There is plenty to think about with Fires, but Ng tends to set the reader adrift, as opposed to guide them through the thing. And to be honest, most of the time, I felt that the things we noticed were very trite. Fires is a sort of run through the headlines of the 1990s, without going terribly deep into any one thing, though the focus is obviously on motherhood/adoption with a little race relations thrown in. The topic got me all heated up, but the book itself lacked gravity or even, due to pacing and point of view?, drama. And I had a hard time deciding exactly what I felt about any of these people. (I’m not really one to be contemptuous of people, just because they are typical or out of style.)

Someone—named Adrienne Rich on Goodreads—wrote a review which expresses much of my impressions with this book, better than me. She says, “The nonconformist has always been at war with the suburbs… Still, you really don’t have to dig very deep to realize that things aren’t as black-and-white as they seem. There are all different kinds of people living everywhere, with varying degrees of happiness and fulfillment. All of which is to say, if you’re going to write on this theme now, you should probably have something new to add to the conversation, or at least a unique way of expressing it.” She also says, “What I don’t like is being told who to root for. I don’t like it when authors stack the deck. Just present every character in the fullness of their humanity and let me decide who I’m rooting for. If you’ve done your job properly, I’ll root for who you want me to root for anyway. But if you idealize one extremely flawed character at the expense of everyone else, you’re going to lose me.” (Hopefully I didn’t quote more than a tenth of that review. If you are interested, I’m sure you can find it at Goodreads.) The point is, wealthy white people in the suburbs are not necessarily villains and complicated, unmaterialistic artists are not always heroes. Fires didn’t really end up making sense of the trope or of giving us something new or complicated.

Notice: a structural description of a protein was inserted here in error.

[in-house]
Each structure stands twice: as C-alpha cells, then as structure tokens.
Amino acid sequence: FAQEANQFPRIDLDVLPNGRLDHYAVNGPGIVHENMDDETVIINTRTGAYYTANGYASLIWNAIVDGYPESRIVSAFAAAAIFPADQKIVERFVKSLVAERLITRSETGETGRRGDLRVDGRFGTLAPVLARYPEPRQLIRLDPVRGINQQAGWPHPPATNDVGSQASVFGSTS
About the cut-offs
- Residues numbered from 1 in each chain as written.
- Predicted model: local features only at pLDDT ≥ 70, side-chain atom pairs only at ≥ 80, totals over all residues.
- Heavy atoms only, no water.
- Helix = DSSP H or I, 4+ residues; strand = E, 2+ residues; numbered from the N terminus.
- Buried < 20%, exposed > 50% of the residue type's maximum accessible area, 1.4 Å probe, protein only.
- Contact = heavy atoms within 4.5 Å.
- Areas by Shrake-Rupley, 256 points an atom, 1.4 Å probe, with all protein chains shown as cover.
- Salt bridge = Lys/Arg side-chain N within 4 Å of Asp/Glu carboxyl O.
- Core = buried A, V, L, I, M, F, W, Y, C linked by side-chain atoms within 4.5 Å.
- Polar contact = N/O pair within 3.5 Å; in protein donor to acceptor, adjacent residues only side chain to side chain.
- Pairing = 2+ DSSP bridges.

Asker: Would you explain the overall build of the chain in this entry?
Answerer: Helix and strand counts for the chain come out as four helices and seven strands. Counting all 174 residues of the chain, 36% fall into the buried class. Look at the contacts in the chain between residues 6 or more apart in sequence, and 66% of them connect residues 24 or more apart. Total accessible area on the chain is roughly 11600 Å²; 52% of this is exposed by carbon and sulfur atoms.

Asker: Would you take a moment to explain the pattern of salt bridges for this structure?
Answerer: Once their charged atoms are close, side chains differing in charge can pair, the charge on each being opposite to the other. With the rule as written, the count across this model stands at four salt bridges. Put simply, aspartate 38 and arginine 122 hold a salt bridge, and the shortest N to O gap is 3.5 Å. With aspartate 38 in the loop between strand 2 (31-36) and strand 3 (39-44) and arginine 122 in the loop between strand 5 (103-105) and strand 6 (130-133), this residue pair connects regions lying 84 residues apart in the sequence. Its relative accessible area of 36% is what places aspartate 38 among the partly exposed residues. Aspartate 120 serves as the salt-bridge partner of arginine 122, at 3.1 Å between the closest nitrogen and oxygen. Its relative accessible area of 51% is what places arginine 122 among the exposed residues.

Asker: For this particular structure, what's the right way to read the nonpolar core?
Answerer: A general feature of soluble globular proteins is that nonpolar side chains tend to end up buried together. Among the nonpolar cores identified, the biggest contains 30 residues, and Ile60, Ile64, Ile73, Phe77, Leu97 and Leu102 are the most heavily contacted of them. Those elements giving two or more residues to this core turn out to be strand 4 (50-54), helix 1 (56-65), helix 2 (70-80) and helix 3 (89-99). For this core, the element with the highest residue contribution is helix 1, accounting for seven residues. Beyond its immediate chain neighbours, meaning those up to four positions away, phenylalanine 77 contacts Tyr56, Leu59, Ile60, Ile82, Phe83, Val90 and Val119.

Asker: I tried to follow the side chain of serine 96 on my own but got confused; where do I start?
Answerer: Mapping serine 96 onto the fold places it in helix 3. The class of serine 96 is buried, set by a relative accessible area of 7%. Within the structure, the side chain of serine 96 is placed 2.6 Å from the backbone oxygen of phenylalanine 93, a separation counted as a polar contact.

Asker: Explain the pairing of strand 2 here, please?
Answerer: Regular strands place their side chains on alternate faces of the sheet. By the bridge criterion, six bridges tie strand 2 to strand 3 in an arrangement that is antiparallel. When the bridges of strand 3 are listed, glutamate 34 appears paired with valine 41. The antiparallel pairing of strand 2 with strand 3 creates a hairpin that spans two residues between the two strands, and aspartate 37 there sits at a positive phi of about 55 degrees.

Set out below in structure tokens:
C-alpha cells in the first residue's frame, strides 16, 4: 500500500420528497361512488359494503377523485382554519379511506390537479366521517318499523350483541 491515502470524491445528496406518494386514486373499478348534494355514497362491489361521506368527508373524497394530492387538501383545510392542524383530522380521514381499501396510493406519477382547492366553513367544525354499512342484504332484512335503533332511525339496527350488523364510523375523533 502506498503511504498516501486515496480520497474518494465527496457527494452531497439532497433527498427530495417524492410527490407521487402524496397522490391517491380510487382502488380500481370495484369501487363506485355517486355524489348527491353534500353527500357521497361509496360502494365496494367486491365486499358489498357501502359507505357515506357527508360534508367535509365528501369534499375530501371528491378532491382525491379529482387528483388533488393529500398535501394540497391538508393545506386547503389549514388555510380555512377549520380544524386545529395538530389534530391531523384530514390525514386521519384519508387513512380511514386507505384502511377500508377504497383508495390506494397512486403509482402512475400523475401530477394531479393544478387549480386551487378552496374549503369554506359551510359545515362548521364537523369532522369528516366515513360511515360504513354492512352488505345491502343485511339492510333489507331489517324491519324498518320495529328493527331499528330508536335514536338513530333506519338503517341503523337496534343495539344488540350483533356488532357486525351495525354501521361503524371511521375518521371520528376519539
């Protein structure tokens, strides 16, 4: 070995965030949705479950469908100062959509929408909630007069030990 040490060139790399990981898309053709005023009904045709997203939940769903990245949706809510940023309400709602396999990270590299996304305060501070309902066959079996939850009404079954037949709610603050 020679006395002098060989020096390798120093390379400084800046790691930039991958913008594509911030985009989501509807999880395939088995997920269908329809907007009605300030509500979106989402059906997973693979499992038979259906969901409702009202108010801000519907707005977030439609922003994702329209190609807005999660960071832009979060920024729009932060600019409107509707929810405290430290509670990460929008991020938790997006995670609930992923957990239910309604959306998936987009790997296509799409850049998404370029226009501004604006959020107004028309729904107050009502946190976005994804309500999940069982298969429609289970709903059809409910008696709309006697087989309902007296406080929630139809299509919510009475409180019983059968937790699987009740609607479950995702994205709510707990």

Not that I hated the book. I didn’t. I actually enjoyed it, to some extent. But the reading also felt hollow and the point of the book, forced. Also, as many have pointed out, it’s an unbelievable story, even for a novel. A fun enough ride, though, if you’re at your in-laws bookless or if you just love cliché social issues enough that you don’t mind when characters are weighted in your favor despite reality.

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I do not have any quotes for you. I was reading a borrowed copy and therefore did not underline.

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MOVIE:

There is a movie in the making, which means that hopefully it’ll happen, starring Reese Witherspoon. I would like to see it when and if it is finished.